• MT-MMP-2
16q12.2-q21Fibronectin, large tenascin-C, entactin, laminin, aggrecan, perlecan98; GST-TNF98; MMP-2102, 103
  • MT-MMP-3
8q21Collagen III104; Gelatin, casein105; fibronectin; MMP-2102, 103
  • MT-MMP-4
MMP-19<12q14Gelatin107*, 108
  • Enamelysin
* assigned as MMP-18 in reference 107. MMP-18 has, however, subsequently been assigned as xenopus MMP

Role in Physiology and Pathology

Although the link between single MMPs and individual substrates is not as direct as once thought, it is clear that as a family, the MMPs are capable of breaking down any extracellular matrix component (see Table 1). In normal physiology, MMPs produced by connective tissue are thought to contribute to tissue remodeling in development, in the menstrual cycle, and as part of repair processes following tissue damage. The obvious destructive capability of MMPs initially focused most research onto diseases that involve breakdown of the connective tissues (e.g., rheumatoid arthritis, cancer and periodontal disease). Leukocytes, particularly macrophages, are major sources of MMP production. MMPs released by leukocytes play vital roles in allowing leukocytes to extravasate and penetrate tissues, a key event in inflammatory disease. Opdenakker proposed that MMP action not only permits leukocyte emigration into tissues and causes tissue damage, it also generates immunogenic fragments of normal proteins that may escalate autoimmune disease. In an analogous way, metastatic cancer cells also use MMPs to get in and out of tissues and to establish a blood supply (Figure 1).4 Drug companies have synthesized low molecular weight MMP inhibitors that have shown efficacy in models of these diseases, reinforcing their central role in pathology.5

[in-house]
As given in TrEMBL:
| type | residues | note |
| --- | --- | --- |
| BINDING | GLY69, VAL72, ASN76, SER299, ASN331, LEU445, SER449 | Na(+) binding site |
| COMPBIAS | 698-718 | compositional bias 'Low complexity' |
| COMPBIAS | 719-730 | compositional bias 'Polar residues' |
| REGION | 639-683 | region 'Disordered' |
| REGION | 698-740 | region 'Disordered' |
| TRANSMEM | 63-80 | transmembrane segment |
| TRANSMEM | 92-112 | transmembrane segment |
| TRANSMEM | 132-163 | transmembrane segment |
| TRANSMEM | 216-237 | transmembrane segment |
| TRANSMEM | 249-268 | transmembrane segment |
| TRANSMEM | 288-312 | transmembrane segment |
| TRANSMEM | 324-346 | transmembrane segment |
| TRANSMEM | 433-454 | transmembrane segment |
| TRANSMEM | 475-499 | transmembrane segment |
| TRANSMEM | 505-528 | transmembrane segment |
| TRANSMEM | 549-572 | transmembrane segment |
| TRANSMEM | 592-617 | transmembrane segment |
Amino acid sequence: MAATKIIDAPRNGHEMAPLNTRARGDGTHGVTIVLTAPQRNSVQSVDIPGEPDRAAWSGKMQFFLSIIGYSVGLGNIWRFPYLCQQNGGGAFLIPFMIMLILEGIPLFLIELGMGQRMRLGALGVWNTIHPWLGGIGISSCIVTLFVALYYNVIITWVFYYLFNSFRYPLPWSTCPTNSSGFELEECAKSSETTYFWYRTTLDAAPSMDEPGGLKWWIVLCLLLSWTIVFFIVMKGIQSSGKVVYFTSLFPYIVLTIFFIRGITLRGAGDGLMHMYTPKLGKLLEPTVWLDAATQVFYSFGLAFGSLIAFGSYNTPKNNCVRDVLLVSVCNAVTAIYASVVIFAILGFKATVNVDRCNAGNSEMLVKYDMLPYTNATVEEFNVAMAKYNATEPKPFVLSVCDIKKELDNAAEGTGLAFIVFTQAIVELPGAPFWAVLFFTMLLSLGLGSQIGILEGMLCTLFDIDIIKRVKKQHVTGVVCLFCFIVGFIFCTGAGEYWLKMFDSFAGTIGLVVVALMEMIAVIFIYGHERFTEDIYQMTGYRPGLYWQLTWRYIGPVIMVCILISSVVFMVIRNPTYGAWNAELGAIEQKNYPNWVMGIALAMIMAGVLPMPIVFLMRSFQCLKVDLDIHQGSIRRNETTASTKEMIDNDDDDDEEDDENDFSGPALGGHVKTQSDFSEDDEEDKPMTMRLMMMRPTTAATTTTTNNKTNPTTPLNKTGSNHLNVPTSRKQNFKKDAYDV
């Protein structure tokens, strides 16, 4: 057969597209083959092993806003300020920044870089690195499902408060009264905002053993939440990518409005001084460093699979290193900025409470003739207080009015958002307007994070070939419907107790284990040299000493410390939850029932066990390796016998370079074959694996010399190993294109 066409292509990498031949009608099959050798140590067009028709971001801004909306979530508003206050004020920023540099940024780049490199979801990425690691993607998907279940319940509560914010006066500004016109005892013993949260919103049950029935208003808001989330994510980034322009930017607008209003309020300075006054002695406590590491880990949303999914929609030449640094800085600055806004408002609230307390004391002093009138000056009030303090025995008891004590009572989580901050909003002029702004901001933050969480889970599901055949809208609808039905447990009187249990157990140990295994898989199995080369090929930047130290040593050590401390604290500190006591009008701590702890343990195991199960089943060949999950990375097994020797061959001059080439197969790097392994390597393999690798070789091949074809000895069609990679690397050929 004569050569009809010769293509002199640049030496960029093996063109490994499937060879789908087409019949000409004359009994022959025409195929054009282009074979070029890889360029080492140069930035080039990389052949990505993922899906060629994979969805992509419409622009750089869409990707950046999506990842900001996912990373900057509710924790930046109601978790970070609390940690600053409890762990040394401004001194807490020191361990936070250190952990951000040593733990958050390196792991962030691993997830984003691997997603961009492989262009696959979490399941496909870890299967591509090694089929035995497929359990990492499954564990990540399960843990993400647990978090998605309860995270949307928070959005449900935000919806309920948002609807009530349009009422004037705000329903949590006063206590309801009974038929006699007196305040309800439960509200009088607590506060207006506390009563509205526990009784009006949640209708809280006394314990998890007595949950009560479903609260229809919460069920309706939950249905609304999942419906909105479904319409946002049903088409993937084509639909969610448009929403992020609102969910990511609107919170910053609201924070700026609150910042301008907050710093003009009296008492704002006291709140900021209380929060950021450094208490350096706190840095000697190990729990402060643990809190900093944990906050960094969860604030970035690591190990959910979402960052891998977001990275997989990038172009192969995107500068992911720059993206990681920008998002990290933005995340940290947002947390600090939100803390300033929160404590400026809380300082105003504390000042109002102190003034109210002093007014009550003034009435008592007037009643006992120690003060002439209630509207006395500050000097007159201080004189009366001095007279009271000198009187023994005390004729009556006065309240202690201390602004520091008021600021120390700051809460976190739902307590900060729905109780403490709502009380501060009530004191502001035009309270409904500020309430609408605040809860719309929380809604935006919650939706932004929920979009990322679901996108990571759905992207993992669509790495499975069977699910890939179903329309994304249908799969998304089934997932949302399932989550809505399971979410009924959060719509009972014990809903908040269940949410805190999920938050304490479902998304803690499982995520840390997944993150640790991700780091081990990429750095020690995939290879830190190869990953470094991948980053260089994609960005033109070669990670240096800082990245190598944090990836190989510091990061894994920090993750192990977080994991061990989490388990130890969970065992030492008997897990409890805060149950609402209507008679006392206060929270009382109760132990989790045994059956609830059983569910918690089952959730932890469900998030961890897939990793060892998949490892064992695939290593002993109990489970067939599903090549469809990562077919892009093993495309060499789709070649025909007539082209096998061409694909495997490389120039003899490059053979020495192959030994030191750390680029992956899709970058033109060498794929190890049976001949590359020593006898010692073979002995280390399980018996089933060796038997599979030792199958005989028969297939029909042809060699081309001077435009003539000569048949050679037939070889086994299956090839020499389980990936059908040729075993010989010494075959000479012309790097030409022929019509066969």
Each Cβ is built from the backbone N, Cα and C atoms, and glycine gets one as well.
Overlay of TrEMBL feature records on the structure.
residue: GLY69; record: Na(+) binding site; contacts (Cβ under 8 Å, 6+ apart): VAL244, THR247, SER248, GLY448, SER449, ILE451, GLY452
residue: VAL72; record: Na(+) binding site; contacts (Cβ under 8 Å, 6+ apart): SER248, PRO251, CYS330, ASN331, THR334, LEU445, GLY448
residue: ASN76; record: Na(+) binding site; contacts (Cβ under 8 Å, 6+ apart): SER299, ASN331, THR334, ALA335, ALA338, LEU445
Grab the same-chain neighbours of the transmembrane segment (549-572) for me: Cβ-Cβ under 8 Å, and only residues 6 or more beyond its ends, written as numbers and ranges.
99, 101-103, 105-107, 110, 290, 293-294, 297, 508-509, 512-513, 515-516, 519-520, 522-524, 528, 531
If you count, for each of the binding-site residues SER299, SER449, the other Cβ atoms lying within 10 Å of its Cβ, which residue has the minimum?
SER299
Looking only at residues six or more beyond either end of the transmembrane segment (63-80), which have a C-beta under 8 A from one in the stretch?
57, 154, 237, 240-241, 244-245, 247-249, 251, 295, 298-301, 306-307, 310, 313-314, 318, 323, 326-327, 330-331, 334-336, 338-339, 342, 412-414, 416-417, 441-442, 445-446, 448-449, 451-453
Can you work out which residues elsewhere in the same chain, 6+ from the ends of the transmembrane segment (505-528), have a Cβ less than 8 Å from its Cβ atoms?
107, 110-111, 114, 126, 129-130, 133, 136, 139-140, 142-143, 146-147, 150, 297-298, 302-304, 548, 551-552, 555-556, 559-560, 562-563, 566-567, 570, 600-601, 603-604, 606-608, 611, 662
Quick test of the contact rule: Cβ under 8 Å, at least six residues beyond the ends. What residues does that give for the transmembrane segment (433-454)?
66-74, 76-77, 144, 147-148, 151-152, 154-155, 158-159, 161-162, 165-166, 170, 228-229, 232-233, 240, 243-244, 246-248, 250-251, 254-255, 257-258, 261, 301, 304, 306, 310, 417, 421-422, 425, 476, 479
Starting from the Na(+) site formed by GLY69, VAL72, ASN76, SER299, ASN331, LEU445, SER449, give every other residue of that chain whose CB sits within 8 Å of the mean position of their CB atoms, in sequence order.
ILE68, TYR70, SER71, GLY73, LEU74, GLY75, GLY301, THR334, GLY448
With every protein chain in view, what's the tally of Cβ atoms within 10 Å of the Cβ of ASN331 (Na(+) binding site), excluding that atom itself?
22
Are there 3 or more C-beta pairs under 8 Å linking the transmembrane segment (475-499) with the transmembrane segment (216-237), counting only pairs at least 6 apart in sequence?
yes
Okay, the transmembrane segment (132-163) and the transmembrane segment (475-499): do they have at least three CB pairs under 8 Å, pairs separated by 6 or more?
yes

The MMP axis is highly regulated to avoid excessive tissue damage. Most MMPs, with the exception of 72 kDa gelatinase and the MT-MMPs, are not constitutively expressed in normal tissues. Inflammatory cytokines such as IL-1 and TNF, growth factors such as TGF-beta and noxious stimuli are required to initiate transcription. MMPs are also expressed as inactive zymogens (the pro-piece must be dissociated from the catalytic domain before the enzyme is activated). This dissociation can be achieved by autocatalysis or by the action of enzymes such as furin, plasmin or even other MMPs. For example, the activation of pro-MMP-2 occurs at the surface of many cells and is mediated by MT-MMPs. Once activated, MMPs are subject to inactivation by TIMPs and by binding to plasma proteins such as alpha-2 macroglobulin. It is thought that the local balance of MMP expression and activation versus the level of TIMP governs the level of destruction mediated by MMPs. This is of great significance when studying MMP involvement in disease processes.